In the previous parasha, Parashat Shemot, Moshe was sent to Pharaoh with the command request “Send my people.” Pharaoh as expected refuses. Moses knew in advance that Pharaoh would refuse, partly because he had no reason to agree even before the first blow, and also because God told him in advance that this would be the case: “And I knew that the king of Egypt would not let you go, not with a strong hand.” So Pharaoh’s reaction was completely predictable. However, besides refusing the very request, Pharaoh gets angry and adds a new decree (about which we wrote here last week) and commands his servants: “You shall not gather straw for the people to whiten the bricks like the day before yesterday, they will go and make straw for them, and the shape of the bricks that they make the day before yesterday you shall put on them and not subtract from him”.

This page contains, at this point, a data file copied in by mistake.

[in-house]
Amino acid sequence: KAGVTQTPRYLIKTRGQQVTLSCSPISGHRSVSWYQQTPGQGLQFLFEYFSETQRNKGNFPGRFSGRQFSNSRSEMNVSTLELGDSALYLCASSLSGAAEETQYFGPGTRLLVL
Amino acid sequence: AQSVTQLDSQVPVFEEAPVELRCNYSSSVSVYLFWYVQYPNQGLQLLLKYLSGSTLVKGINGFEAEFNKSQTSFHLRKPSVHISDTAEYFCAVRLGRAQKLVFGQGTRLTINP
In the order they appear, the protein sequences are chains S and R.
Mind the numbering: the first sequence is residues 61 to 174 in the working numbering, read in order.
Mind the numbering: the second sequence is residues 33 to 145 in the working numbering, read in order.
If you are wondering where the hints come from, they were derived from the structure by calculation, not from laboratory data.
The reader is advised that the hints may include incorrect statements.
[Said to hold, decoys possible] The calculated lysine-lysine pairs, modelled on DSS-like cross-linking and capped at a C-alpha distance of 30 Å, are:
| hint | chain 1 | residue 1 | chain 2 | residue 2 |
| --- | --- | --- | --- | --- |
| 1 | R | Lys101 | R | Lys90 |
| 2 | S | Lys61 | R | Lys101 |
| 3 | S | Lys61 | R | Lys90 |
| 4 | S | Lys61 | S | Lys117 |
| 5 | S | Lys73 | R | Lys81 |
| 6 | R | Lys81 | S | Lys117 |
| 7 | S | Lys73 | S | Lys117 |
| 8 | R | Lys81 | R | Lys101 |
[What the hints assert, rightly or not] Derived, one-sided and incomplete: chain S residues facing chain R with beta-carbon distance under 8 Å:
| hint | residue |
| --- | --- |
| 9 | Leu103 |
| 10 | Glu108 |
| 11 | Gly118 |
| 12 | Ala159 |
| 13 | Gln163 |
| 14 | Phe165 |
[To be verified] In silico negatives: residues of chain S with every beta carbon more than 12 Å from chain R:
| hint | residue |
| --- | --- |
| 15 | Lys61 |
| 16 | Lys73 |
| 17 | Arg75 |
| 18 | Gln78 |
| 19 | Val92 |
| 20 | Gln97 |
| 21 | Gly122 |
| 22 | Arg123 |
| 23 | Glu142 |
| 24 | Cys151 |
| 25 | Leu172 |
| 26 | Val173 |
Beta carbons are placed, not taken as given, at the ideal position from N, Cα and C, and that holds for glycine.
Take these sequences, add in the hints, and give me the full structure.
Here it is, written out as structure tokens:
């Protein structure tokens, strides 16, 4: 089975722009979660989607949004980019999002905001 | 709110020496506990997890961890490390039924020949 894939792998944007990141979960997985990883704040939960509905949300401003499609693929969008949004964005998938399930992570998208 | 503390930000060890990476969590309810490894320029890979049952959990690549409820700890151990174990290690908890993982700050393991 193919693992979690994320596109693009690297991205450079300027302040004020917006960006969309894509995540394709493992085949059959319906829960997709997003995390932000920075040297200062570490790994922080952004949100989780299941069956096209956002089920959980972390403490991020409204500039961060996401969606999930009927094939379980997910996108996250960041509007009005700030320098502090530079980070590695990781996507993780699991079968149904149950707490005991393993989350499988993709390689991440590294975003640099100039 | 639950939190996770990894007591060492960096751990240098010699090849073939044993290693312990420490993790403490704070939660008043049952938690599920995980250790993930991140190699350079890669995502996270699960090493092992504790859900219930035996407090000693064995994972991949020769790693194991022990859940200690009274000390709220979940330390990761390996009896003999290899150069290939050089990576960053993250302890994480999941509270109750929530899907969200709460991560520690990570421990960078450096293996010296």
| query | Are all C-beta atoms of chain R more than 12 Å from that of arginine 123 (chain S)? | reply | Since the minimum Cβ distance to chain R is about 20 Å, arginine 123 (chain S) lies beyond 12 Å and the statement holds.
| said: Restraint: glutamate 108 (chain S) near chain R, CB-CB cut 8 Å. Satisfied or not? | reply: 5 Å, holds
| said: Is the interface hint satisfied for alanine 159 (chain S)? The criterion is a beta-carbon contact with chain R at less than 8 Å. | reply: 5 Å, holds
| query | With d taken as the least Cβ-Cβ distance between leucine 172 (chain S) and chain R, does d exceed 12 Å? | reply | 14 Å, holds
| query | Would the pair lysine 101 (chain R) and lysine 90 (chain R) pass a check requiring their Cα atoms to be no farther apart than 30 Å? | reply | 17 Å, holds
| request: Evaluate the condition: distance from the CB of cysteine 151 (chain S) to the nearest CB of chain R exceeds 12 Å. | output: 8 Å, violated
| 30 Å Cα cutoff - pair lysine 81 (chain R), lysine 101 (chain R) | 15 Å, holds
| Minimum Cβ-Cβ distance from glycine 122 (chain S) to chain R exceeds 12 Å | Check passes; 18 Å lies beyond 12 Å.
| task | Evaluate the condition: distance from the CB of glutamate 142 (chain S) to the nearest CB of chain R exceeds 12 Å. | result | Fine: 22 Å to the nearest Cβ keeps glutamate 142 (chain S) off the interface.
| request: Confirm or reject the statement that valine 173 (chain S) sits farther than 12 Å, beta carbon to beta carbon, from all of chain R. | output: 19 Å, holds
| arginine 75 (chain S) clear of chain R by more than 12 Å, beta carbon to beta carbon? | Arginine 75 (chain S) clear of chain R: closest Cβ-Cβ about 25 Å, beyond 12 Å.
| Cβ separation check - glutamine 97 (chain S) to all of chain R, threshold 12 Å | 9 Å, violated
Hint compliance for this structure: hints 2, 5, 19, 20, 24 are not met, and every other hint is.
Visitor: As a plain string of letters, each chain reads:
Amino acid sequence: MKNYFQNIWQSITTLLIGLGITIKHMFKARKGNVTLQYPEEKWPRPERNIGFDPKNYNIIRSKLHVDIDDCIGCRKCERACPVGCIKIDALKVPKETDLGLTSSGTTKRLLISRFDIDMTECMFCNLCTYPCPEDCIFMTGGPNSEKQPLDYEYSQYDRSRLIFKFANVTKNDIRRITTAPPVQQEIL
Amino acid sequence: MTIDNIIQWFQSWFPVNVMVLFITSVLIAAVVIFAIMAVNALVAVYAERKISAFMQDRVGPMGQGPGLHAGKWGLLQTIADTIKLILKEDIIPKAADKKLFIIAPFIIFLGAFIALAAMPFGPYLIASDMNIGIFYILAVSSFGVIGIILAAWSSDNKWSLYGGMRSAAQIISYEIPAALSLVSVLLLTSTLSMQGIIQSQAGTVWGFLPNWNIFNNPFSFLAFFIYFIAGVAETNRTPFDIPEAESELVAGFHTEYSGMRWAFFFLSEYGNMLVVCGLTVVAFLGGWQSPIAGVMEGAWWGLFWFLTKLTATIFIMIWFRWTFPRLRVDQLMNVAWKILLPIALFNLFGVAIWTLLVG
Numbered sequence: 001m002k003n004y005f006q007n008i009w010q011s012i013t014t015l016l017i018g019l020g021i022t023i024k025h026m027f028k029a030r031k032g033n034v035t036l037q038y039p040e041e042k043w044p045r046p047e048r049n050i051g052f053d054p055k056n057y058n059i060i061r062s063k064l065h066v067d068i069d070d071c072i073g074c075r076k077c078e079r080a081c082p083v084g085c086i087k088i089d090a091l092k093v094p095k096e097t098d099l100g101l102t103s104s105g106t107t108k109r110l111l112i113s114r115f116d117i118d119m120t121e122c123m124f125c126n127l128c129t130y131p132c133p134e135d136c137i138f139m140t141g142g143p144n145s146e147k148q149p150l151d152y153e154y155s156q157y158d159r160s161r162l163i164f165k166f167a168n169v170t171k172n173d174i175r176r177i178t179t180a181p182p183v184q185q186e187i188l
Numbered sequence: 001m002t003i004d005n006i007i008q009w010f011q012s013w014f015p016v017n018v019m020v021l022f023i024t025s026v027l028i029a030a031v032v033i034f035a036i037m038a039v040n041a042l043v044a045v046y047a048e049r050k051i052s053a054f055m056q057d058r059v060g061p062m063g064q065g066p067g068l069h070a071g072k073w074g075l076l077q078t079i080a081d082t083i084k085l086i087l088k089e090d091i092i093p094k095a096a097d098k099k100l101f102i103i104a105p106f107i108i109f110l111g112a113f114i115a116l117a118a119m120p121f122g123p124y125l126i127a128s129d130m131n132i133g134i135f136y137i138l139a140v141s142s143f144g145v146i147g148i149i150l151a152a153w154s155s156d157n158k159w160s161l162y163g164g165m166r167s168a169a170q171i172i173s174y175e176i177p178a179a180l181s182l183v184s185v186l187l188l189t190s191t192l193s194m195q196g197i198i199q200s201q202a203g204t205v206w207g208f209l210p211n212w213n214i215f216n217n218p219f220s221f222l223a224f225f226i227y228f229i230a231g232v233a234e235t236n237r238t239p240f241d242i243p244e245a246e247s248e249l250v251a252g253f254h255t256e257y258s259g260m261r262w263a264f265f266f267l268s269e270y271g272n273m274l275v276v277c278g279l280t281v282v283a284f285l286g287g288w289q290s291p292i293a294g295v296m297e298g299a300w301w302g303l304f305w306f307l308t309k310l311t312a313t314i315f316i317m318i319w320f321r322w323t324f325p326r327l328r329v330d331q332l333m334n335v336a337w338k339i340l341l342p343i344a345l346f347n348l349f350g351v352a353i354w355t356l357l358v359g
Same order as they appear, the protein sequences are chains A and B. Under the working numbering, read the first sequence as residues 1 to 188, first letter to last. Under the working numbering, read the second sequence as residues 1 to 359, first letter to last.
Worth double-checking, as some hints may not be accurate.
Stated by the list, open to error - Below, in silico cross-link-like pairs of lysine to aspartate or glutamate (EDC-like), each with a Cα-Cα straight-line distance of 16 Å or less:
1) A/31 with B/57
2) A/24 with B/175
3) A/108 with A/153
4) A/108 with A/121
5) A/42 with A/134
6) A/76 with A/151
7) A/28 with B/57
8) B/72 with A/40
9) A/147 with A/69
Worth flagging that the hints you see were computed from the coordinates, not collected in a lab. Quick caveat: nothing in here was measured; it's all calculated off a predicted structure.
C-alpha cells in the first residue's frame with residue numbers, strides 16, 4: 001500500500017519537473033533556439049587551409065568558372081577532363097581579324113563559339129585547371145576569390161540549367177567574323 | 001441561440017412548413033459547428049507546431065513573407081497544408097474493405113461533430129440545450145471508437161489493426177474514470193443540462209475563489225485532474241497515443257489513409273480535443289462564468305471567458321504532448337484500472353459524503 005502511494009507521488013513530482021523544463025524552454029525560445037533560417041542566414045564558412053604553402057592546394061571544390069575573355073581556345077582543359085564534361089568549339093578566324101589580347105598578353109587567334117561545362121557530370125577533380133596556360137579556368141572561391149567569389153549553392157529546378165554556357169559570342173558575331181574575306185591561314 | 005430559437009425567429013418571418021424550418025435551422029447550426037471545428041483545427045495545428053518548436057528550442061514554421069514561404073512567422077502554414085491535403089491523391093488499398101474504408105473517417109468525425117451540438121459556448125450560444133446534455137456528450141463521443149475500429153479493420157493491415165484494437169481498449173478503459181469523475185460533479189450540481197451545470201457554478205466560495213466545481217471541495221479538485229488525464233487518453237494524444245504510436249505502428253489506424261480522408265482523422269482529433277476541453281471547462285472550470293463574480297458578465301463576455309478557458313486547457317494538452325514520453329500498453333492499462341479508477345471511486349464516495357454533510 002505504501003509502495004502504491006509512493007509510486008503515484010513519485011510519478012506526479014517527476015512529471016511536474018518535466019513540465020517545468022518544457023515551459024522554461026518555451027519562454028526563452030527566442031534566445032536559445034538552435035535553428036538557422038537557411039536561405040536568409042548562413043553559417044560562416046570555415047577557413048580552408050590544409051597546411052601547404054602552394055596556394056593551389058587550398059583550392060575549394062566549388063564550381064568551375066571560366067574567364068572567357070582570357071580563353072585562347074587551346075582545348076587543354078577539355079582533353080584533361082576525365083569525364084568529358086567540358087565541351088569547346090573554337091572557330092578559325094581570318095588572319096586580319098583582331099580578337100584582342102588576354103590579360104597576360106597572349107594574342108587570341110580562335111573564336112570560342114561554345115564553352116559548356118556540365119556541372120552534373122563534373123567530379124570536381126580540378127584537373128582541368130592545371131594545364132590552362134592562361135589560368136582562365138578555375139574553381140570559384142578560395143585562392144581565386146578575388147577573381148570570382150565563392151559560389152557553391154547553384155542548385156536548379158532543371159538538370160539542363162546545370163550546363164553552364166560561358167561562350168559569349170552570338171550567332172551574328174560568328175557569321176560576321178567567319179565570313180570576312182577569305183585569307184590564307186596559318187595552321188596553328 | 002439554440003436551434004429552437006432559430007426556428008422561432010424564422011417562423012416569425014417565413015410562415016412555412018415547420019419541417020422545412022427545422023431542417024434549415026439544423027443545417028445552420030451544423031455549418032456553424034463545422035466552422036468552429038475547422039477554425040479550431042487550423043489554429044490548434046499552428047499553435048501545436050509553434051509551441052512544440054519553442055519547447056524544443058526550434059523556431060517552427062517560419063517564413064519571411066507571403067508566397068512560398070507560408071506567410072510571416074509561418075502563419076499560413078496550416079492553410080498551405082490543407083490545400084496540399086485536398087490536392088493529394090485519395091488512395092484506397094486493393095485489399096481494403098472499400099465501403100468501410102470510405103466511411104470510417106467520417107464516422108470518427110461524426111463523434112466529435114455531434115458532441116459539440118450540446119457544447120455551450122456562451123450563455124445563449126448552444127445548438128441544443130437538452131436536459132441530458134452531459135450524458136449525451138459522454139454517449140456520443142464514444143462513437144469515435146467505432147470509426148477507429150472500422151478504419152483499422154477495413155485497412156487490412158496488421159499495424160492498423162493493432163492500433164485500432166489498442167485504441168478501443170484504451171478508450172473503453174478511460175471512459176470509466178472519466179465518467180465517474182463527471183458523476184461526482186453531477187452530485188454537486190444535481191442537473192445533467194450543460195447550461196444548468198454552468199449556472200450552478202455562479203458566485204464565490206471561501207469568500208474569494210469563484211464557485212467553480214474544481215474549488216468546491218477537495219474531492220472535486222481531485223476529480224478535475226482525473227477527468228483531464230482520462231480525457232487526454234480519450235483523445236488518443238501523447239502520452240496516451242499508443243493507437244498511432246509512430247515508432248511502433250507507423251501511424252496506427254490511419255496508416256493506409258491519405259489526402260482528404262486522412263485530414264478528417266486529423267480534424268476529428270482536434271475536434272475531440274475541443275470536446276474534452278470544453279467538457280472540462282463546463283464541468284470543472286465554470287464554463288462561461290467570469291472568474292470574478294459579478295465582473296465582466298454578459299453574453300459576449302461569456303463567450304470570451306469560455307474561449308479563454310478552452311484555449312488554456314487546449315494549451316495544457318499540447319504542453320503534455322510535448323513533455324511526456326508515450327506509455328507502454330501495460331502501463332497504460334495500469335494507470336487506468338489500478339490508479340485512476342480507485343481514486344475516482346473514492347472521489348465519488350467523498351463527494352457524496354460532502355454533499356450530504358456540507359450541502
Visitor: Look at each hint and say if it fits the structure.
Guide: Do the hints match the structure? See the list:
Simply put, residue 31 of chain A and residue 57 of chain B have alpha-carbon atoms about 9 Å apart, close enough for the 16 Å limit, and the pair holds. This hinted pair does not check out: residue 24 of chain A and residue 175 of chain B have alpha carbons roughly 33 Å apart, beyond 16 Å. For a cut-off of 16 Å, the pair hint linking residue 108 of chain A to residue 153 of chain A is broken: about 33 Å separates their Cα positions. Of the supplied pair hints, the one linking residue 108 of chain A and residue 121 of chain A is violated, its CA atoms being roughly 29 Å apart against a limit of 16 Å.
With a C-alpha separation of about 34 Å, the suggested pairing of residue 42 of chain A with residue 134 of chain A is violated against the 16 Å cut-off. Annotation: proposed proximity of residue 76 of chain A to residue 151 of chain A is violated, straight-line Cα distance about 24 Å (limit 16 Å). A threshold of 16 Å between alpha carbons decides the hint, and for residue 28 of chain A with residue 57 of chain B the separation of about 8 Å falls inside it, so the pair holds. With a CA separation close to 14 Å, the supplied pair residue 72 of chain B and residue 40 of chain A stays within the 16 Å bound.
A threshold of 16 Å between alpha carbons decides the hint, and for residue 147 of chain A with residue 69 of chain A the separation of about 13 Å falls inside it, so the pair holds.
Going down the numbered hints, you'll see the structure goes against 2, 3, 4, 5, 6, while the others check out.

This decree had disastrous consequences for the suffering people of slaves: “And the people dispersed throughout the land of Egypt to the straw for the hay. And those who came fast said, “Your deeds are all done day by day when the hay is there. And they beat the sons of Israel.” In distress, the beaten policemen turned to Pharaoh “and cried out to Pharaoh, saying, “Why do you do this to your servants… and behold, your servants are beaten and you have sinned with your people.” The pharaoh does not listen to the cries of the policemen and they leave the palace frustrated. On the way out they meet Moshe and Aaron who are coming again on a mission to Pharaoh. They place the blame on them for the difficult situation, and do not spare them the tribe of their words: “May God watch over you and judge that you have put our scent in the eyes of Pharaoh and in the eyes of his servants to put a sword in their hand to kill us.”